The Terms "Model-Based" and "Model-Driven" Considered Harmful

I truly believe that abstraction is at the core of computer science and software engineering. Abstraction is essential to be able to cope with complexity and allows us to build the tremendously complex systems we build today. Yet, it is hard to clearly define what abstraction is.  Florian Deissenboeck and I were attempting this almost 10 years ago in an article that was published in a workshop on the role of abstraction in software engineering. I think we found some interesting ways to think about it, but it was extremely hard to wrap your head around the concept as such.

Similarly, models, which I would define in our context as abstractions of systems that have a specific purpose, are essential for software engineering, maybe for engineering in general. Especially in software engineering, almost everything we deal with is a model. Requirements written down are a model of a part of a system to be. Even the short sentence in a typical user story is a model. The sketch with boxes and arrows on the whiteboard indicating an aspect of a software architecture is a model of the software. The Java source code is a model of the software abstracting e.g. the details of the execution on the machine. I could go on and on. Models are essential for software engineering.

So what does it mean to call something "model-based software engineering" (MBSE) or "model-driven software engineering" (MDSE)? I would argue without models there is no software engineering. Yet, there is a large research community working on MBSE/MDSE. To this day, I have not fully understood what that is, although I have been working on things that were called "model-based" myself.

My first research project in 2002 was a collaboration with BMW in which we tried model-based testing of their MOST network master. We used the approach my valued colleague Alex Pretschner, now professor at TU Munich, built in his PhD project. We invested a lot of time discussing with the BMW engineers to build a detailed model in AutoFOCUS. This model was then quite suitable to generate test cases to be run against the actual network master. Interestingly, we found that many of the defects we found were found during the modelling. My personal observation was that the model became so detailed, it was almost a reimplementation of the network master software. Was there really a conceptual difference between our "model" and the code?

Over the years, I have thought about this a lot. This post is my current status of what I think about  MBSE/MDSE. I do not want to convey that everyone working in that field is stupid and does non-sense research. Quite to the contrary, I do think there is a lot of interesting work going on. My hypothesis, however, is the following:

Using the terms "model-based" or "model-driven" in combination with software engineering or software engineering techniques obscures what these techniques are actually about and are actually capable of. Progress in software engineering is hindered by this division in "model-based" and "code-based".

I sincerely hope that this might start a discussion in our community. To substantiate why this hypothesis may be true, I collected the following five observations:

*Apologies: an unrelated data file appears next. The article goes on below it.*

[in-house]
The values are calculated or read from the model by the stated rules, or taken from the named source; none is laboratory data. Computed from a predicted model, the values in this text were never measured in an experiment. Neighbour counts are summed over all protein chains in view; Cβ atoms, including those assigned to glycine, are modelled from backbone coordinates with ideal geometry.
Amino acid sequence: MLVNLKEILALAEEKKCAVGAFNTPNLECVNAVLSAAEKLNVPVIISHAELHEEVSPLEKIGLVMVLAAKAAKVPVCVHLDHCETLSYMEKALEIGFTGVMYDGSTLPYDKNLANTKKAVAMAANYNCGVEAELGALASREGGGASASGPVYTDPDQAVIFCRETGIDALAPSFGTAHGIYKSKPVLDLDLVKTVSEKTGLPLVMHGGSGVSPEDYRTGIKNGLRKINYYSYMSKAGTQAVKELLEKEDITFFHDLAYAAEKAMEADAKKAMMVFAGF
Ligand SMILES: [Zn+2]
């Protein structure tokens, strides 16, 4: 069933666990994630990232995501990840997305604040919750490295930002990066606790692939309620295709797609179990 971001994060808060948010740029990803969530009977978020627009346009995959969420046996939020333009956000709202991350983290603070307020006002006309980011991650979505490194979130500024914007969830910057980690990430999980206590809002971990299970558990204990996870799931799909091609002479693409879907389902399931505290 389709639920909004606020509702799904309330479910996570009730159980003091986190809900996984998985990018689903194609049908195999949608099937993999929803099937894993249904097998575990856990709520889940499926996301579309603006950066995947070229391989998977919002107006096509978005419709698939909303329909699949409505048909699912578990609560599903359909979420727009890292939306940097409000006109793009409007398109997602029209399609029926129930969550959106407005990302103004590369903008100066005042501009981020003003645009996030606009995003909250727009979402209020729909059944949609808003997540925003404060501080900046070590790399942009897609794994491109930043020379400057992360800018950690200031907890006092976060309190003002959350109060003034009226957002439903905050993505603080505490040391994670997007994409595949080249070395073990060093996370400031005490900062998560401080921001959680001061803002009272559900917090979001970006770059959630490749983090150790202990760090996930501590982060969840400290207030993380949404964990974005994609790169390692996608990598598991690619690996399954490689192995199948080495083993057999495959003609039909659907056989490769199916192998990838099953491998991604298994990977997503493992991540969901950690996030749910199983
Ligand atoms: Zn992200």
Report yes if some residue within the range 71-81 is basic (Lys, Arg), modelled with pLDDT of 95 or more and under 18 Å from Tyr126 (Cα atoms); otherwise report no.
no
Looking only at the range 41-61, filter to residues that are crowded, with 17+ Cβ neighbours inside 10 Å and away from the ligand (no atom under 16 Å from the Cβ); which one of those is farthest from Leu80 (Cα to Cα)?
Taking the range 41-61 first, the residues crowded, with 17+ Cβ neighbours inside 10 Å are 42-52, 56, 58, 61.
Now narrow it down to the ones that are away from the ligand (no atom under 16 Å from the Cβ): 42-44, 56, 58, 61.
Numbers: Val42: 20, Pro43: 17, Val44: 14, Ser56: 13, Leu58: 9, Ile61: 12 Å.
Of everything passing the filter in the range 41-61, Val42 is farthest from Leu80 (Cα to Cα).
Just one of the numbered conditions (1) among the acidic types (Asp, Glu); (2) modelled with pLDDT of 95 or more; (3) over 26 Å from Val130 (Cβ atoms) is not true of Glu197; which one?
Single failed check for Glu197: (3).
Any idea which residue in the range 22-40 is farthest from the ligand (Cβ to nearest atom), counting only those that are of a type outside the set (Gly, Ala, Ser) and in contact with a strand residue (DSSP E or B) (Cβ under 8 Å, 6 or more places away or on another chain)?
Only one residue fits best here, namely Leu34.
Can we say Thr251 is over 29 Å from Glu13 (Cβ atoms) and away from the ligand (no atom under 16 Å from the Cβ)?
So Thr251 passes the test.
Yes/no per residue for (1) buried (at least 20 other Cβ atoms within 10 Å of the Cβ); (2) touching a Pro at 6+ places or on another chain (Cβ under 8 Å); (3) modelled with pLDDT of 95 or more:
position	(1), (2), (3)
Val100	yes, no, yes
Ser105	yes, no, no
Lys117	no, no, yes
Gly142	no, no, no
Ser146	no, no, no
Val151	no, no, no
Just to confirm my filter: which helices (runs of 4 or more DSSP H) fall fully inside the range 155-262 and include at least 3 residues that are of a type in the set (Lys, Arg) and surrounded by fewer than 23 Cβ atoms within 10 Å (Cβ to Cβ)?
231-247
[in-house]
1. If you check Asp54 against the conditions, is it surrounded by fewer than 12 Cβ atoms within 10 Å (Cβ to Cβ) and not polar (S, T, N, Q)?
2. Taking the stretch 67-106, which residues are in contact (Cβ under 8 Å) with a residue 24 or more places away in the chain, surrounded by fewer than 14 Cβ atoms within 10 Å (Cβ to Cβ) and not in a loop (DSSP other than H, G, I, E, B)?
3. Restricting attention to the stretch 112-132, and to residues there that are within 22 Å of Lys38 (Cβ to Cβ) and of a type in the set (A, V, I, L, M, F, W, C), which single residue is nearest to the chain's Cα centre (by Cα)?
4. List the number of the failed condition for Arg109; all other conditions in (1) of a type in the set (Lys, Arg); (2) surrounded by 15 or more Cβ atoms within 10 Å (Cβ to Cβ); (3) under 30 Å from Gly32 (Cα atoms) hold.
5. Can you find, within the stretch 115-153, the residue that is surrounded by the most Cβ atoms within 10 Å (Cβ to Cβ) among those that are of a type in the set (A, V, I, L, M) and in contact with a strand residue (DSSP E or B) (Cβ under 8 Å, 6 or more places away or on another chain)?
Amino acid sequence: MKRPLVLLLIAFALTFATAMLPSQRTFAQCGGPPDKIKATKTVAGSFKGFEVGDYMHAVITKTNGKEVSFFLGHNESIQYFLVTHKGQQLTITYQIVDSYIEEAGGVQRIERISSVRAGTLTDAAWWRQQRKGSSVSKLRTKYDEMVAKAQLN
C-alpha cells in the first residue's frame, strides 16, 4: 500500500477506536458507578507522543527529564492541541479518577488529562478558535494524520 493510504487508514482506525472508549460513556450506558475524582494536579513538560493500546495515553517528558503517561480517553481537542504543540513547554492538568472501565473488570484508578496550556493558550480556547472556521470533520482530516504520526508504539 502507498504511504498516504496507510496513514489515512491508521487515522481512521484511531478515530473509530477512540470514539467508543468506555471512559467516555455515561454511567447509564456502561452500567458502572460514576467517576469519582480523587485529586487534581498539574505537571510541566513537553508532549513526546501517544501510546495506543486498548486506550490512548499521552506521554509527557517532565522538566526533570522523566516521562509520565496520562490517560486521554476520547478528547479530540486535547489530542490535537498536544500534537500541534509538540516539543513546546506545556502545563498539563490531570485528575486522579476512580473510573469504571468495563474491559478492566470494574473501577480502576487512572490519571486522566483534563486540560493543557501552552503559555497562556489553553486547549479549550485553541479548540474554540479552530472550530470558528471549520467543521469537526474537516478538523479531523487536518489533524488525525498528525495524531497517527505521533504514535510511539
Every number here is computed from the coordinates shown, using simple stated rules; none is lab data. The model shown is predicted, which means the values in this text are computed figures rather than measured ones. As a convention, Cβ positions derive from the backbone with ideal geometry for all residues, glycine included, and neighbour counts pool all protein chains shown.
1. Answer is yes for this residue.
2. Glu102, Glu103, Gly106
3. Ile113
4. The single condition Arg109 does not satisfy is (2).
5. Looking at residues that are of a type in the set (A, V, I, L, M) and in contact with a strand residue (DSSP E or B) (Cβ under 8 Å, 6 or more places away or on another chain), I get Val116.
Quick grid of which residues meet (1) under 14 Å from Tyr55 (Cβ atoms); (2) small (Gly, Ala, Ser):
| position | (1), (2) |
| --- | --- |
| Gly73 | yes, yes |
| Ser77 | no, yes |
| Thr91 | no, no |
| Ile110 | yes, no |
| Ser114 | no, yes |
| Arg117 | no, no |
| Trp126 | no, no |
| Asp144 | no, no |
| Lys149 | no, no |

Nobody knows what MBSE/MDSE really is. There is a great confusion in research and especially practice what this MBSE or MDSE should be. For many, it is working with diagrams instead of textual code. For example, a UML sequence diagram would be a model-based technique but text in a programming language describing the sequence of messages might not. For others, it needs to be mathematically formal. For other still, it is the name for using Simulink to program. A recent study by Andreas Vogelsang et al. showed this perfectly.

Practitioners don't adopt MBSE/MDSE. This point is a bit hard to discuss given the first one. Oftentimes, if practitioners state that they do MBSE/MDSE, they apply a certain tool such as Simulink. Or they have some UML diagrams of the system lying around (usually out of date). In the same study of Vogelsang et al., they investigate drivers and barriers for the adoption of MBSE. They found that "Forces that prevent MBSE adoption mainly relate to immature tooling, uncertainty about the return-on-investment, and fears on migrating existing data and processes. On the other hand, MBSE adoption also has strong drivers and participants have high expectations mainly with respect to managing complexity, adhering to new regulations, and reducing costs." So practitioners think the tools are immature and the whole thing might have a negative ROI. But there's the hope that it might help to manage complexity and reduce costs. This does not seem like a methodology I would like to invest in.

MBSE/MDSE is Formal Methods 2.0. I don't think formalisation and formal analysis is useless. It has its benefit and surely a place in the development of software systems. Yet, it is not the holy grail it was often sold to be. If I play the devil's advocate, it feels like after formal methods failed to be broadly adopted in industry, they are now simply renamed as model-based methods. Yet, putting some nice diagrams on top of a formal analysis most of the times won't make it easier to understand. In contrast, I love the work by people like Daniel Ratiu or Markus Völter on integrating formal verification in DSLs or common programming languages (see e.g. here). Is this "model-based"? Does it really matter whether it is?